Integrating influenza antigenic dynamics with molecular evolution

Trevor Bedford*, Marc A. Suchard, Philippe Lemey, Gytis Dudas, Victoria Gregory, Alan J. Hay, John W. McCauley, Colin A. Russell, Derek J. Smith, Andrew Rambaut

*Corresponding author for this work

Research output: Contribution to journalArticlepeer-review


Influenza viruses undergo continual antigenic evolution allowing mutant viruses to evade host immunity acquired to previous virus strains. Antigenic phenotype is often assessed through pairwise measurement of cross-reactivity between influenza strains using the hemagglutination inhibition (HI) assay. Here, we extend previous approaches to antigenic cartography, and simultaneously characterize antigenic and genetic evolution by modeling the diffusion of antigenic phenotype over a shared virus phylogeny. Using HI data from influenza lineages A/H3N2, A/H1N1, B/Victoria and B/Yamagata, we determine patterns of antigenic drift across viral lineages, showing that A/H3N2 evolves faster and in a more punctuated fashion than other influenza lineages. We also show that year-to-year antigenic drift appears to drive incidence patterns within each influenza lineage. This work makes possible substantial future advances in investigating the dynamics of influenza and other antigenically-variable pathogens by providing a model that intimately combines molecular and antigenic evolution.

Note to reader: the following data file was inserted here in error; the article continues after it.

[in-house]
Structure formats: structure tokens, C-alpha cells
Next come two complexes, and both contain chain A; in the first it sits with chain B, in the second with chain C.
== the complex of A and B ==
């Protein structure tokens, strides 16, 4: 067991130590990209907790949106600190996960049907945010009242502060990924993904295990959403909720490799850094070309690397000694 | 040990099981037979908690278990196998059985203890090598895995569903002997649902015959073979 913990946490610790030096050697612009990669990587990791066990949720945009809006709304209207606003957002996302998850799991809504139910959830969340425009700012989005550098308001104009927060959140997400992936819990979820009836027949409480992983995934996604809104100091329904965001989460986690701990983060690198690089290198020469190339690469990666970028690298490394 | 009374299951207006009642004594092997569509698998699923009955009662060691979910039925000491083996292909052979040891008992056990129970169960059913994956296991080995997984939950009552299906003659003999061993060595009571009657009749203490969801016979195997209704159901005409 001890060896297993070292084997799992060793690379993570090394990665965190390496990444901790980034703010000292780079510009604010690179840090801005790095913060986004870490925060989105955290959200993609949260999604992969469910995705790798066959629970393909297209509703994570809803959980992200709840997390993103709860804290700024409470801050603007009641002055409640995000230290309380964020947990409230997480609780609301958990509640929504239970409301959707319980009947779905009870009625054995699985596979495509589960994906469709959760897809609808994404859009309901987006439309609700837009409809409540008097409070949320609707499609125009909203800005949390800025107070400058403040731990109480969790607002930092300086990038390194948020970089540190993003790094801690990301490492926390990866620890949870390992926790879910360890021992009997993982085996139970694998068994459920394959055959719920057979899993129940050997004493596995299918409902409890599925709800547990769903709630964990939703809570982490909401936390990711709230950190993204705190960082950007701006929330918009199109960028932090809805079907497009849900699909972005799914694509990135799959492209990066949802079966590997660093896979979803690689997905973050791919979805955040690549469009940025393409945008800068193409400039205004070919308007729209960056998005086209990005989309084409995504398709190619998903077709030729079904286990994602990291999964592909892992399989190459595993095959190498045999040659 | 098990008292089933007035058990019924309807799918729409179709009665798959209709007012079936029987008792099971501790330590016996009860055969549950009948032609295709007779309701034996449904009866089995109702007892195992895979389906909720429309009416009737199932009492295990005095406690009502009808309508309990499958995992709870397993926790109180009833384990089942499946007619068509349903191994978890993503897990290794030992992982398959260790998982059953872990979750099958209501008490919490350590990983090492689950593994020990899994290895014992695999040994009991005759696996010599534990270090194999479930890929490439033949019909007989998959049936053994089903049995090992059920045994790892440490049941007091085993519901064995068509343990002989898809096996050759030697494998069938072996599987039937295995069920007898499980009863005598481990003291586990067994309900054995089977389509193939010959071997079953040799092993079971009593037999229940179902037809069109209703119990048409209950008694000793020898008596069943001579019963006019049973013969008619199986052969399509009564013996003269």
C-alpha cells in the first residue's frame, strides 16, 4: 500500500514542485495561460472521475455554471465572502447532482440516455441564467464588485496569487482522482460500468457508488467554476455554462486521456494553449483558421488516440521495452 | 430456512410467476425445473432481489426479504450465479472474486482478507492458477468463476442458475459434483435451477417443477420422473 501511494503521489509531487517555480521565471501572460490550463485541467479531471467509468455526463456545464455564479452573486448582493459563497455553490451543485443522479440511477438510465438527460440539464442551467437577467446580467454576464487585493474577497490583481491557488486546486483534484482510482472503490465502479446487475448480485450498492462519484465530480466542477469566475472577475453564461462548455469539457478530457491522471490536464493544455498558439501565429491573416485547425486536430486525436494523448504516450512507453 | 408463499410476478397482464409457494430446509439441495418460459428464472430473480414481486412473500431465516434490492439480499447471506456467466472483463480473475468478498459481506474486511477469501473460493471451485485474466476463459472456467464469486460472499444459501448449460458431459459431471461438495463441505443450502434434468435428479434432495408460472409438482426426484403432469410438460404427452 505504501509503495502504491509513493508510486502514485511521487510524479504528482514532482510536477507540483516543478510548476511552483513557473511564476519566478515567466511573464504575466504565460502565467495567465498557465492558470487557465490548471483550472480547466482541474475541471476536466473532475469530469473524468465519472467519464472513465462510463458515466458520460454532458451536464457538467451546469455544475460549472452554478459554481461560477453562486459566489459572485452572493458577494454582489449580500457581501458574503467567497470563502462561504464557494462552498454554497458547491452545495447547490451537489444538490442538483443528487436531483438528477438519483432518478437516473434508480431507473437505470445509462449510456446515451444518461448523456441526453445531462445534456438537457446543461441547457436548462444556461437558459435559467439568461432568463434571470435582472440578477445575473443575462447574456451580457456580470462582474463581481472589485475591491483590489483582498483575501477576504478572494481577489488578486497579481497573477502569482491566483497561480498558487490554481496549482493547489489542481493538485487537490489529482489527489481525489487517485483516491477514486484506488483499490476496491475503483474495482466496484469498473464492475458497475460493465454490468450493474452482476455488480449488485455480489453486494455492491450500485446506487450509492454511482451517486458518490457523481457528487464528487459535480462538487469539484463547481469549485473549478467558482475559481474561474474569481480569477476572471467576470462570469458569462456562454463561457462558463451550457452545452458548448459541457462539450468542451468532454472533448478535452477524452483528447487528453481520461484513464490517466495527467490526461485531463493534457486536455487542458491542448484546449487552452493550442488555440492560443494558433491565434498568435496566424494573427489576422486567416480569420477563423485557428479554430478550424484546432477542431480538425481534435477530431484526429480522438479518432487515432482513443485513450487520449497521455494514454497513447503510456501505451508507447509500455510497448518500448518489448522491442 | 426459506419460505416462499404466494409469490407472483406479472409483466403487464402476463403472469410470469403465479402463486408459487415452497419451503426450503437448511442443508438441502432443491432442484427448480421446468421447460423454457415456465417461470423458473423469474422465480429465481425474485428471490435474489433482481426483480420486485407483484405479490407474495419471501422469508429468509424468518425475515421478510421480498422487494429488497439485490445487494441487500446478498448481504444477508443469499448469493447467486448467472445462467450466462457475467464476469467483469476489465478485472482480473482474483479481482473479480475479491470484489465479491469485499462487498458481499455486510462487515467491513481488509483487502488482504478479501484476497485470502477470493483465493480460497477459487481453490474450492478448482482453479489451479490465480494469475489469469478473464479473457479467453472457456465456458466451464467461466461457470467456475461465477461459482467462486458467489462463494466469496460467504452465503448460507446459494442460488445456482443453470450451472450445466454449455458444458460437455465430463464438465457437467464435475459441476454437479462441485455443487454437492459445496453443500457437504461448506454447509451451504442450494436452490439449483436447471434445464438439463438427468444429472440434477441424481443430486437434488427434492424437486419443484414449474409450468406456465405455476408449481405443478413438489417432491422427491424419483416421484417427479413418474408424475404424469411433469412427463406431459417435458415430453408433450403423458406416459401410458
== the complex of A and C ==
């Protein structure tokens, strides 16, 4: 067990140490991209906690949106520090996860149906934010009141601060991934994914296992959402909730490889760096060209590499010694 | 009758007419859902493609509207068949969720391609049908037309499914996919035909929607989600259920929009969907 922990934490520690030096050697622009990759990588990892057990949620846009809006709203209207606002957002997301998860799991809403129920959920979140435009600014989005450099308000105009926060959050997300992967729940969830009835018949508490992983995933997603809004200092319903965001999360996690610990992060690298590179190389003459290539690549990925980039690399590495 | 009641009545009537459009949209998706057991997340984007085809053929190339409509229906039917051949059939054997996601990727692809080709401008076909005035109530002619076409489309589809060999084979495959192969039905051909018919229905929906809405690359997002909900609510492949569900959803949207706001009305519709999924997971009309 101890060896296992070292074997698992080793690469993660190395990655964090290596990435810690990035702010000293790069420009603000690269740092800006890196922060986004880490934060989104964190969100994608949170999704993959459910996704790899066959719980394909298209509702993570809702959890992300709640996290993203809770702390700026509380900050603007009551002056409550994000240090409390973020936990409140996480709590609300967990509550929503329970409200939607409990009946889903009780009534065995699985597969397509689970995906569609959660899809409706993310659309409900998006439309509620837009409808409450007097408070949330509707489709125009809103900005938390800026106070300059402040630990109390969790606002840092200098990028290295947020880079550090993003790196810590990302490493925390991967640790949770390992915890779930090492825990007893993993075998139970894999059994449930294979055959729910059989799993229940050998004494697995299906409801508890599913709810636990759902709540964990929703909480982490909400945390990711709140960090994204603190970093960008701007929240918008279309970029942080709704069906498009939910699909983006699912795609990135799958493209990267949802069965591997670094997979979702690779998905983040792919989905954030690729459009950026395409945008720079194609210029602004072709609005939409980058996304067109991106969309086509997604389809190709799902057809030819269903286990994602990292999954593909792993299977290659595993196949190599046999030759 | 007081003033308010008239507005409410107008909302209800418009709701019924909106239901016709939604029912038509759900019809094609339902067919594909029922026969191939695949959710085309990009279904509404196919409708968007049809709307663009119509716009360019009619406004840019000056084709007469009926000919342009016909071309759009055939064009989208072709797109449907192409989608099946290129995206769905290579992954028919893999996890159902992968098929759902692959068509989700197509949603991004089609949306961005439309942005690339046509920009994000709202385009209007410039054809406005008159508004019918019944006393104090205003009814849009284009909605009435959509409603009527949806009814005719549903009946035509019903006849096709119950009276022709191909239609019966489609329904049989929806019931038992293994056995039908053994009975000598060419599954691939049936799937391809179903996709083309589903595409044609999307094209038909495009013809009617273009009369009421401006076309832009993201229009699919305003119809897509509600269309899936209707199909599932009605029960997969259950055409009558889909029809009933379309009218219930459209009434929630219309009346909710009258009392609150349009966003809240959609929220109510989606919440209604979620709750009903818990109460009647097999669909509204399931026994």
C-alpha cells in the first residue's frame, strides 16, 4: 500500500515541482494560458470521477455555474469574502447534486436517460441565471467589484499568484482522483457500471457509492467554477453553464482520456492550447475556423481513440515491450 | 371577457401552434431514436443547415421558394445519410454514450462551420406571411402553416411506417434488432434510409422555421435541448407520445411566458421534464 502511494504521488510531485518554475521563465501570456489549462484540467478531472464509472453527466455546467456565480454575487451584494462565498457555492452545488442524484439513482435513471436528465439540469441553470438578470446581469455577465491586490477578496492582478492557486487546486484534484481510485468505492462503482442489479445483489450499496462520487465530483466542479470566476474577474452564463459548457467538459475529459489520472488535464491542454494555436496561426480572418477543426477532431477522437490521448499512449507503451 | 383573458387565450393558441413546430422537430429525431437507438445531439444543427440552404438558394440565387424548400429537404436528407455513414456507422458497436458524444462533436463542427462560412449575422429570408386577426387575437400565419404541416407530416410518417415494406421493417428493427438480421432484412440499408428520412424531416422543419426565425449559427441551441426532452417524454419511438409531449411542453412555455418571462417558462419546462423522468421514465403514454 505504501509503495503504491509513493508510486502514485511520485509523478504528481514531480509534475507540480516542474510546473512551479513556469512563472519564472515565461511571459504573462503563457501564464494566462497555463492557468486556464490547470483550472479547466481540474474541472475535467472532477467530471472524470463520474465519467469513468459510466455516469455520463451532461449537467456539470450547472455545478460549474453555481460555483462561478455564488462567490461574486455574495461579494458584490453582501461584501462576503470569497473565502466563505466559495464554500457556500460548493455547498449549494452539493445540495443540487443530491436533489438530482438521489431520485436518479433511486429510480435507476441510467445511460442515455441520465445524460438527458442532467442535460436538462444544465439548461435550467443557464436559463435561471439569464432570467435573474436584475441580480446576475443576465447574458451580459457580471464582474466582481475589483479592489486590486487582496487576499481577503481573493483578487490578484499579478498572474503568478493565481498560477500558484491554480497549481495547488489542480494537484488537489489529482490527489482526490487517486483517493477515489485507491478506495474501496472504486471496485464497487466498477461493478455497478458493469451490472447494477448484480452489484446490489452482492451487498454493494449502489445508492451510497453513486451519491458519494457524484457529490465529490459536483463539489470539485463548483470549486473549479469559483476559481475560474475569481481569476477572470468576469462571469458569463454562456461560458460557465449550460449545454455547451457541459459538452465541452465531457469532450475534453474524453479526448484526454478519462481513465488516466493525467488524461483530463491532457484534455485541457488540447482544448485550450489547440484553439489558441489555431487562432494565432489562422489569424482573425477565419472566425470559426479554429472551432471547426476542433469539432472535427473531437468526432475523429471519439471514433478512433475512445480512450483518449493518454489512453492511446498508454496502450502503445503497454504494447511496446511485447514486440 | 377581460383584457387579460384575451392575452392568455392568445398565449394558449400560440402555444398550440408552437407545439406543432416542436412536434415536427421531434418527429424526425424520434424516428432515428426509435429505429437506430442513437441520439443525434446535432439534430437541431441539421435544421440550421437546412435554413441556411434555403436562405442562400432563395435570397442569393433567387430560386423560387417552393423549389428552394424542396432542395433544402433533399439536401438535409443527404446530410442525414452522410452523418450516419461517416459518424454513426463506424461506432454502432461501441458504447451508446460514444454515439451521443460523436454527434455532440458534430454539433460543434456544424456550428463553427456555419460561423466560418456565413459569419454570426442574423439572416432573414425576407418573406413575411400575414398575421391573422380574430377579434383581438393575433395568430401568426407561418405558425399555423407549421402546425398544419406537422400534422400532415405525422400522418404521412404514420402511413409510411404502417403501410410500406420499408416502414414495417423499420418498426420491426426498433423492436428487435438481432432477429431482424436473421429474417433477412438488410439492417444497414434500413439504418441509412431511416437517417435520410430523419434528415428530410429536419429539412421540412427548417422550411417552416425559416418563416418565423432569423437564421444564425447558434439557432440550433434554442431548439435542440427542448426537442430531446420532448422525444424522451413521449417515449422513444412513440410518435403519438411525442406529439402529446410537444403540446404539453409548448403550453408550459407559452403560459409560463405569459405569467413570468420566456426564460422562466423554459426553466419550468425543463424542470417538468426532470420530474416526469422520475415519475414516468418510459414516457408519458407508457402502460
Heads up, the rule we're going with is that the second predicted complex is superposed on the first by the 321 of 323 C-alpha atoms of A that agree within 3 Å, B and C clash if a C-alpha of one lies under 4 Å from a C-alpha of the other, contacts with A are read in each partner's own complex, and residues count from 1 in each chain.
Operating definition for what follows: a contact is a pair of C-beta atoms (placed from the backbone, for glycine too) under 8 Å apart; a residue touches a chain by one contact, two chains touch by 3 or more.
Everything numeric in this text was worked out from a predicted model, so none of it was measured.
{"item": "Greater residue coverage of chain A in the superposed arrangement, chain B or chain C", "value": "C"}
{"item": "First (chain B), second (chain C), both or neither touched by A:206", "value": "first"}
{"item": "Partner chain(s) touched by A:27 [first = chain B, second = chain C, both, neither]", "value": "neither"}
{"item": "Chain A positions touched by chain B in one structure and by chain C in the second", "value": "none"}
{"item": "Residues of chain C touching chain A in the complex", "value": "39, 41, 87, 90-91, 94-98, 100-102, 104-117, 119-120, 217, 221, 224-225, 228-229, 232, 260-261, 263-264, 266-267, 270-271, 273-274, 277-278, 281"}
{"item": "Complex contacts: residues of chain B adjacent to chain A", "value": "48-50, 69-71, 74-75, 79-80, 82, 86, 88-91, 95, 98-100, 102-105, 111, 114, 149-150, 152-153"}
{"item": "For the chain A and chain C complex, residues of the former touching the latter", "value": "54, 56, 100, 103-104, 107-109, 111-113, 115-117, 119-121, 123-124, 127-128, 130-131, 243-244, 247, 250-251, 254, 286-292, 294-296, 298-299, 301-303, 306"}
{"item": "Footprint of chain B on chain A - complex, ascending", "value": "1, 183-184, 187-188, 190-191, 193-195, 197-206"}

Original languageEnglish
Article number01914
Number of pages26
Publication statusPublished - 4 Feb 2014


  • A H1N1 viruses
  • B viruses
  • epidemic influenza
  • amino acid
  • hemagglutinin gene
  • sequence analysis
  • genomic analyses
  • United Kingdom
  • drift
  • variants


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